Johnson & Johnson paid a $500 fee for reserved freight space on the returnable space shuttle for an experiment to separate chemical constituents in human blood.

Volkswagen paid the same fee to reserve a spot in the weightlessness of the shuttle to make the "perfect" ball bearing; movie director Steven Spielberg paid $500 for the same kind of reservation. Spielberg will orbit a camera to photograph the earth and moon from the shuttle to achieve special effects for a sequel to his movie, "Close Encounters of the Third Kind."

Those are three applicants who have reserved cargo bays on the returnable shuttle. Then, there are the losing applicants. Like the retailer from Dallas who wanted his gerbils carried into space so he could sell them at Nieman-Marcus. Or the undertaker from California who wanted to orbit the cremated ashes of his dead clients.

"He calls back from time to time to make sure we haven't changed our policy on space burial and we haven't," said Chester M. Lee, who might be described as the space shuttle's chief salesman.

"Our rules are we'll reserve space on the shuttle for $500 for almost anybody provided it involves an experiment in research and development and provided it's in good taste."

It is not clear what is in good taste even if it seems clear what isn't. Space burials and gerbils are not in good taste. Neither is the small satellite a New York doctor wanted to orbit for his son for a wedding present. Or the stamped envelopes, medallions, coils sculpture and paint businessman want to orbit and bring back from space to raise resale value.

"We're taking each request on a case-by-case basic and referring the questionable ones to our artifacts committee," said Lee, director of space transportation system operations for the National Aeronautics and Space Administration. "We reject those in bad taste."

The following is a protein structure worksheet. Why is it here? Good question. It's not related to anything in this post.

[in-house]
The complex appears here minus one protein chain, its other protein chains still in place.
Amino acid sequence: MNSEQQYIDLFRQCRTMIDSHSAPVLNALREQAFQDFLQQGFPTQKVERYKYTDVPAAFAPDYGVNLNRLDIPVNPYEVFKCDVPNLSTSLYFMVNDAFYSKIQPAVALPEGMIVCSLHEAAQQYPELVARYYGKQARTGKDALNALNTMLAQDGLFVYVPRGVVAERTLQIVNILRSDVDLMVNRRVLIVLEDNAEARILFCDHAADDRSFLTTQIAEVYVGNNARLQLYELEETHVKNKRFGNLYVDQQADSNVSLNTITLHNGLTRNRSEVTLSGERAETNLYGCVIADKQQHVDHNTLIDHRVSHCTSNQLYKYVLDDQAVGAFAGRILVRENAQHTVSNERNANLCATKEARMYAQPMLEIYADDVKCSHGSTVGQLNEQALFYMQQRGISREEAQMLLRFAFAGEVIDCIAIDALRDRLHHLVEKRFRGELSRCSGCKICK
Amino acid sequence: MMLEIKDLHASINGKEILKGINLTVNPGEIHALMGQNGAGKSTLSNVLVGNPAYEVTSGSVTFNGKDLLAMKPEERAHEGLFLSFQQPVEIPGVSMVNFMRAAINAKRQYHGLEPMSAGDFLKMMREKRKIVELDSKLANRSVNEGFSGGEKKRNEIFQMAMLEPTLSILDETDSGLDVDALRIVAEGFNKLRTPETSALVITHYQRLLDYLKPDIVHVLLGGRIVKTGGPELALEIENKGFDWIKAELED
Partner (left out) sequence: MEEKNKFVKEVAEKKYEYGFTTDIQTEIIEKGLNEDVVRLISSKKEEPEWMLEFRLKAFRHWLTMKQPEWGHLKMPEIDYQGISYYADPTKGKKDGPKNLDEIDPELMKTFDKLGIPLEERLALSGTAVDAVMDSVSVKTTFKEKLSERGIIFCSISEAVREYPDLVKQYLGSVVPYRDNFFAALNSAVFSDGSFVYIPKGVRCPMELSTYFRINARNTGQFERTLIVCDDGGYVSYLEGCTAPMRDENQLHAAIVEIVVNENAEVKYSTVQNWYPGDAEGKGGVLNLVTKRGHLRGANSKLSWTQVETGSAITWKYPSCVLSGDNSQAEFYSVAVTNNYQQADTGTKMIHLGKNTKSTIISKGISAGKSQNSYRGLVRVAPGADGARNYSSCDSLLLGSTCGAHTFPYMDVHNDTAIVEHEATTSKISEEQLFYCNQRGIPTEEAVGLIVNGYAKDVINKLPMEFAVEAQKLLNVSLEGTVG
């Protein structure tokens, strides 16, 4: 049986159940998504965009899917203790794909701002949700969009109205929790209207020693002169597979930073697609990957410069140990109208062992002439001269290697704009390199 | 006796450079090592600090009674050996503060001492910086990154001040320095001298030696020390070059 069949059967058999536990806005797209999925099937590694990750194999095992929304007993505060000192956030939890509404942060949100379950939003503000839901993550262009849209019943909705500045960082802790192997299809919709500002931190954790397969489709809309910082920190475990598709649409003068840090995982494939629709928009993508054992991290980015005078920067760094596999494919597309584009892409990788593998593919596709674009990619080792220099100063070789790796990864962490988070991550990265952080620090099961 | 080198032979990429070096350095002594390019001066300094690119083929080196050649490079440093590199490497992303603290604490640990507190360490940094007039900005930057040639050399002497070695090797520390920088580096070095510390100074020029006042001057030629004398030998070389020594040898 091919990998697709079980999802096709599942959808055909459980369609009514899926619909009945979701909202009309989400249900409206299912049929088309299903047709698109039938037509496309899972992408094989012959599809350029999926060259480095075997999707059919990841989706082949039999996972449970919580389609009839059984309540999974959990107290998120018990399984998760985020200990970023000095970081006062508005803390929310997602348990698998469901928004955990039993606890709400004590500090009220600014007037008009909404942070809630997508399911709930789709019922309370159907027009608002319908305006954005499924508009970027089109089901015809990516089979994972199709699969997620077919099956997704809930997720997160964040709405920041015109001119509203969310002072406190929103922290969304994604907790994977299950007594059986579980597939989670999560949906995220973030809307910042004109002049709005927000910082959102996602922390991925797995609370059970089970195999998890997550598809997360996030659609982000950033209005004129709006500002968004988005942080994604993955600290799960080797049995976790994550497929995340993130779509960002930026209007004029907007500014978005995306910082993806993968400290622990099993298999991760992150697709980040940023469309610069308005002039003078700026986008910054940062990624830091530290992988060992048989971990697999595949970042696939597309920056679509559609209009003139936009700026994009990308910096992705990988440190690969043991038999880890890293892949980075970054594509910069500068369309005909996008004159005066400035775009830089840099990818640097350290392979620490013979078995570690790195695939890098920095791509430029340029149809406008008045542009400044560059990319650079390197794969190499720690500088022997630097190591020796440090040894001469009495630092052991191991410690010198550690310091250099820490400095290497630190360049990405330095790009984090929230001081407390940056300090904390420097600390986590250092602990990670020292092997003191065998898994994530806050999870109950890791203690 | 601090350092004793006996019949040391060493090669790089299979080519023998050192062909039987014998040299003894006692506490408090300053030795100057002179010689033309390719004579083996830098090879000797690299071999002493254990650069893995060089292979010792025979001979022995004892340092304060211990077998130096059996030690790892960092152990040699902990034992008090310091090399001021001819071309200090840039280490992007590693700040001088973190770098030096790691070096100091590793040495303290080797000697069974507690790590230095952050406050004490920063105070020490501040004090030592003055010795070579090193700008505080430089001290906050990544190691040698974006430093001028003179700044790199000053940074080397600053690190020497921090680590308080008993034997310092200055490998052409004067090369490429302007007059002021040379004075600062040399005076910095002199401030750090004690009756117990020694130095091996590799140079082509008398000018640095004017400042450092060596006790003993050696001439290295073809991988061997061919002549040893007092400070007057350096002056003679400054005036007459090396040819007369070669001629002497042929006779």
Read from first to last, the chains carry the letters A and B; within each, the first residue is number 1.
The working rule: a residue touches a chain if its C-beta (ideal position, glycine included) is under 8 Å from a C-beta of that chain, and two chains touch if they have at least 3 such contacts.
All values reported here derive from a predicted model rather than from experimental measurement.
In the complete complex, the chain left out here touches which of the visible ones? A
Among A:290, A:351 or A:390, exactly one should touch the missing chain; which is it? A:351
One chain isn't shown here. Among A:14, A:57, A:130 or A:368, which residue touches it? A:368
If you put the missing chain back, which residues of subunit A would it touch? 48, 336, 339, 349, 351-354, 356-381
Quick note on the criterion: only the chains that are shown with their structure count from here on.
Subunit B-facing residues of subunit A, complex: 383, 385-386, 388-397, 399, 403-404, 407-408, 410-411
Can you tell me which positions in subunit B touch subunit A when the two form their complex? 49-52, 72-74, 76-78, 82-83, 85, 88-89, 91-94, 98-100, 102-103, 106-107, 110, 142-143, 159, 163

The $500 reservation fee is no more than a down-payment for Johnson & Johnson, Volkswagen and Spielberg. The price will depend on the weight of their experiments. The smallest device anyone can fly is 60 pounds. That costs $3,000. A 200-pound experiment will demand $10,000 and 100 pounds will cost $5,000.

So far, Lee and his space salesmen have taken 210 orders worth more than $520 million from customers ranging from the West German government to Weber State University in Utah. The orders come close to filing up the cargo bays for 25 flights of the space shuttle, starting in May, 1980.

The big customers aren't the Johnson & Johnson, the Volkswagens and the Spielbergs. They're companies like RCA, Western Union and Comsat which have reserved space on shuttle flights to take satellites that weigh thousands of pounds into orbit where they will be left by the astronauts flying the shuttle. They are government agencies like the Pentagon which has reserved space for satellites like the Teal Ruby to be carried aloft in March, 1981, to serve as an early-warning watchdog for missile launchings from the Soviet Union.

Foreign governments have reserved shuttle space for communications satellites. Shuttle astronauts will orbit India's Insat, Canada's Anik and Iran's Zohreh in 1981. Another Insat and two more Zohreh satellites will be left in orbit in 1982. About the same time, the European Space Agency will fly its $500 million Space lab for the first time, taking up an entire shuttle flight.

Down payments for satellites like these run $100,000, with full payment of $18 million due the year before they fly. The shuttle con carry no more than two big satellites each time it flies, though economy-minded customers like Hughes Aircraft and Satellite Business Systems have redesigned their spacecraft to fit into smaller spaces in the shuttle's 150-foot-long cargo bay, saving up to $3 million apiece in the process.

The space left over in the shuttle's cargo bay when two ton-sized satellites are loaded is what the space agency has reserved for its "getaway special," the small instruments weighing no less than 60 pounds and no more than 200 pounds.

To date, 171 spaces have been reserved by 72 users of the getaway special. Besides Johnson & Johnson, Volkswagen and Spielberg, buyers of the special include a Boy Scout troop, two women from suburban Washington (named Ann Pincus and Shirley Arnowitz) who say they want to be the first women to put something in space, the Ford Motor Co., a magazine named Quest and a Japanese newspaper named Yomiuri Shimbun.

The magazine and newspaper plan to raffle off the space to subscribers with ideas on how to use the space, then plan to promote the raffles to win circulation. Ford plans a contest to name their experiment but insists the experiment will involve legitimate metallurgical science.

A retired Air Force colonel has put down $5,000 to reserve 10 spaces for getaway specials. He plans to resell them, thereby making "his fortune." The colonel wanted 30 reserved spots but the space agency limited him to 10, saying it didn't want anybody to "corner the market" on space shuttle getaways.